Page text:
Today I received the keys to my new apartment, which by way of not being directly in the middle of the city1 saves me a decent chunk of money - and allows me to proudly announce that I have officially broken even on doing free software full time! I owe a great deal of thanks to all of you who have donated to support my work or purchased a paid SourceHut account. I’ve dreamed of sustainably working on free software for a long, long time, and I’m very grateful for all of your support in helping realize that dream. Now let me share with you what your money has bought over the past month!
I can see city hall out the window of my old apartment ↩
Today I’m happy to announce that code annotations are now available for SourceHut! These allow you to decorate your code with arbitrary links and markdown. The end result looks something like this:
The other day a friend of mine (an oper on Freenode) wanted to talk about IRC compared to its peers, such as Matrix, Slack, Discord, etc. The ensuing discussion deserves summarization here. In short: I’m glad that IRC doesn’t have the features that are “showstoppers” for people choosing other platforms, and I’m worried that attempts to bring these showstopping “features” to IRC will worsen the platform for the people who use it now.
Summer is in full swing here in Philadelphia. Last night I got great views of Jupiter and a nearly-full Moon, and my first Saturn observation of the year. I love astronomy on clear Friday nights, there’s always plenty of people coming through the city. And today, on a relaxing lazy Saturday, waiting for friends for dinner later, I have the privilege of sharing another status report with you.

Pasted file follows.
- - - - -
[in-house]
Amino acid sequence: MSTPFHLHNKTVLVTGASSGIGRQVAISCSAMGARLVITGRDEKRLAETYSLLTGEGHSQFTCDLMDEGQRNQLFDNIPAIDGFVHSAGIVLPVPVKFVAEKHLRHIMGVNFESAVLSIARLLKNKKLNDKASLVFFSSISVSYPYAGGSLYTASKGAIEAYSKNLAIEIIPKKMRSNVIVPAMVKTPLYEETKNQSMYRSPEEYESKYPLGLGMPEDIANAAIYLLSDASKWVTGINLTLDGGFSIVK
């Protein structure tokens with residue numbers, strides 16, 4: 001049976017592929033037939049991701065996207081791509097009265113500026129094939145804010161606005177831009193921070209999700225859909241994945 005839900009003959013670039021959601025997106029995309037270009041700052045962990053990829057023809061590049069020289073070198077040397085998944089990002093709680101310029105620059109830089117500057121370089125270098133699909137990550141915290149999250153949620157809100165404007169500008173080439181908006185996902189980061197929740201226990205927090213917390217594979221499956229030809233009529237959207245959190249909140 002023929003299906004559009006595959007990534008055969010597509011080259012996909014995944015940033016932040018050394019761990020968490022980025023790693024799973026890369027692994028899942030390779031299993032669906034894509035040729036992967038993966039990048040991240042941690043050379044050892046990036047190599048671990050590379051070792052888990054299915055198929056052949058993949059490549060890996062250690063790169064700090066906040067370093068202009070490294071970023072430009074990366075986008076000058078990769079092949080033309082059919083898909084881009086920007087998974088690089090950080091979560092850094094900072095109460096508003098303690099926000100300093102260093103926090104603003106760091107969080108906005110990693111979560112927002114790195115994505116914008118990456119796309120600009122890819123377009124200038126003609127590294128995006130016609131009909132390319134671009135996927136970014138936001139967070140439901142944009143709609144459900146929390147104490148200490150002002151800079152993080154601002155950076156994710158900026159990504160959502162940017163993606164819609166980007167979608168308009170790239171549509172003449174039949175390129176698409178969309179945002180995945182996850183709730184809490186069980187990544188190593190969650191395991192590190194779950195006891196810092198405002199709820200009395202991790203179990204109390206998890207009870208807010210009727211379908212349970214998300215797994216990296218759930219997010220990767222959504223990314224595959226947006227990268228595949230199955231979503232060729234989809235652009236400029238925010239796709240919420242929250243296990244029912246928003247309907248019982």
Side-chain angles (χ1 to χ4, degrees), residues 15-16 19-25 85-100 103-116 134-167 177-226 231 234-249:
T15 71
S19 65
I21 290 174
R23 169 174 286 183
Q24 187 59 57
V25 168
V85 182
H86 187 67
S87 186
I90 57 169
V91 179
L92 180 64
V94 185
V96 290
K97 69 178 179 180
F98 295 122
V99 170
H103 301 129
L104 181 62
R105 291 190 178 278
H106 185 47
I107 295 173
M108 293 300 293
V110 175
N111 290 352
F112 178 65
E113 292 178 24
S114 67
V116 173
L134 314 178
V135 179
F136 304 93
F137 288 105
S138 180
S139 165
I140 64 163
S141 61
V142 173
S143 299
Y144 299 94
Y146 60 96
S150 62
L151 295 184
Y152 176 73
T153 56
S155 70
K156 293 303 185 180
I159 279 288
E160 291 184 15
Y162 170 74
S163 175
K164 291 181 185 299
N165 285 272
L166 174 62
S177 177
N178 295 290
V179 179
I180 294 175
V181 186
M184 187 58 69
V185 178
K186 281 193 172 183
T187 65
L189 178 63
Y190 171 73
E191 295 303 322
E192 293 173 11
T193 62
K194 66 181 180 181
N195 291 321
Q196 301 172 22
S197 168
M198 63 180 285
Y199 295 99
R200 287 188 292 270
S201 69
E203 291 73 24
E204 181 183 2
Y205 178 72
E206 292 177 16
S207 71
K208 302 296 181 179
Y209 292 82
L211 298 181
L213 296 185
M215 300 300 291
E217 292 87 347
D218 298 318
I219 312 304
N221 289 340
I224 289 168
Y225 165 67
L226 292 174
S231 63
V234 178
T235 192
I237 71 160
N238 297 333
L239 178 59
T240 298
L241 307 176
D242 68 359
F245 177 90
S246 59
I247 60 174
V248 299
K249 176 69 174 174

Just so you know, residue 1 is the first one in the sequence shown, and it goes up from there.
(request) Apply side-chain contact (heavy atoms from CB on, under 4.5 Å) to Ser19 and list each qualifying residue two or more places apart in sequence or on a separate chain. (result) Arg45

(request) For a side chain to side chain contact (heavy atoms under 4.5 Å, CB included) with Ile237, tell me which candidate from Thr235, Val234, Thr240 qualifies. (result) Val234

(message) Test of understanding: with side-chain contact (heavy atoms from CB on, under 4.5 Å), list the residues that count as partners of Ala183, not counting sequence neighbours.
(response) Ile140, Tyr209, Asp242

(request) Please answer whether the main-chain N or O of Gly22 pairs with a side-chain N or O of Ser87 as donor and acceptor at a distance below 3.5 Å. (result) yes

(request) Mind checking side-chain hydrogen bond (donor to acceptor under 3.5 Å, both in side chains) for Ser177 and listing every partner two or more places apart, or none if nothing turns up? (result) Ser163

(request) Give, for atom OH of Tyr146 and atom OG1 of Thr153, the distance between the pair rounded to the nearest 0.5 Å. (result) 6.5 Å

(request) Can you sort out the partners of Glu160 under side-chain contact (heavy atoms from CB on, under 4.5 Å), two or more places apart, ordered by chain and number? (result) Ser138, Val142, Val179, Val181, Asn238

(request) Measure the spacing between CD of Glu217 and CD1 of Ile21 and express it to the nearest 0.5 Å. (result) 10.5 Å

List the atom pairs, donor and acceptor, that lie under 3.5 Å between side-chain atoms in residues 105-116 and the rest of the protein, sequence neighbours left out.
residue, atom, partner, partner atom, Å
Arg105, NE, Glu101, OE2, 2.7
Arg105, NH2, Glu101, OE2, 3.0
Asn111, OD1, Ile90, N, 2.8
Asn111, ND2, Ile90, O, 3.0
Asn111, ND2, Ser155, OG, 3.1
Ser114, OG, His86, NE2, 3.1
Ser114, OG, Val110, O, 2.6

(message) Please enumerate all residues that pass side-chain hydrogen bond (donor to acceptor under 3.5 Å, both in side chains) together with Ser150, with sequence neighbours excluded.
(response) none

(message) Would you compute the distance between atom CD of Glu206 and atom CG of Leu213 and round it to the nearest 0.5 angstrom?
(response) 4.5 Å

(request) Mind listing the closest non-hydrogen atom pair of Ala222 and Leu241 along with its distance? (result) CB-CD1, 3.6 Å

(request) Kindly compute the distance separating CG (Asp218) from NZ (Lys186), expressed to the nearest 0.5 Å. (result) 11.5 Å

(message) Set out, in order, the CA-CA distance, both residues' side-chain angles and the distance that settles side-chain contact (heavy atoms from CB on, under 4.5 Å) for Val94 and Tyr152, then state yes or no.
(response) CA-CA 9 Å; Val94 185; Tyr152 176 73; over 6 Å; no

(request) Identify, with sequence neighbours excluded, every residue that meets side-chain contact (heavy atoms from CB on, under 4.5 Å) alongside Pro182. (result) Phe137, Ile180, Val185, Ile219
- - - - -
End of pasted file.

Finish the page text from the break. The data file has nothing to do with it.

As I got started writing open source software, I generally preferred the MIT license. I actually made fun of the “copyleft” GPL licenses, on the grounds that they are less free. I still hold this opinion today: the GPL license is less free than the MIT license - but today, I believe this in a good way.
After years of painfully slow development, the aerc email client has seen a huge boost in its pace of development recently. This leads to today’s announcement: aerc 0.1.0 is now available! After my transition to working on free software full time allowed me to spend more time on more projects, I was able to invest considerably more time into aerc. Your support led us here: thank you to all of the people who donate to my work!
The fork button on GitHub - with the little number next to it for depositing dopamine into your brain - is a bit misleading. GitHub co-opted the meaning of “fork” to trick you into participating in their platform more. They did this in a well-intentioned way, for the sake of their pull requests feature, but ultimately this design is self-serving and causes some friction when contributors venture out of their GitHub sandbox and into the rest of the software development ecosystem. Let’s clarify what “fork” really means, and what we do without GitHub’s concept of one - for it is in this difference that we truly discover how git is a distributed version control system.
This month, it seems the most exciting developments again come from the realm of email. I’ve got cool email-related news to share for aerc, lists.sr.ht, and todo.sr.ht, and many cool developments in my other projects to share.
With the availability of new resources like git-send-email.io, I’ve been working on making the email-based workflow more understandable and accessible to the world. One thing that’s notably missing from this tutorial, however, is the maintainer side of the work. I intend to do a full write-up in the future, but for now I thought it’d be helpful to clarify my workflow a bit with a short webcast. In this video, I narrate my workflow as I review a few sourcehut patches and participate in some dicsussions.
In January 2018, I wrote a blog post which included a fee calculator. Patreon changes their fee model tomorrow, and it’s time for an updated calculator. I’m grandfathered into the old fees, so not much has changed for me, but I want to equip Patreon users - creators and supporters - with more knowledge of how their money is moving through the platform.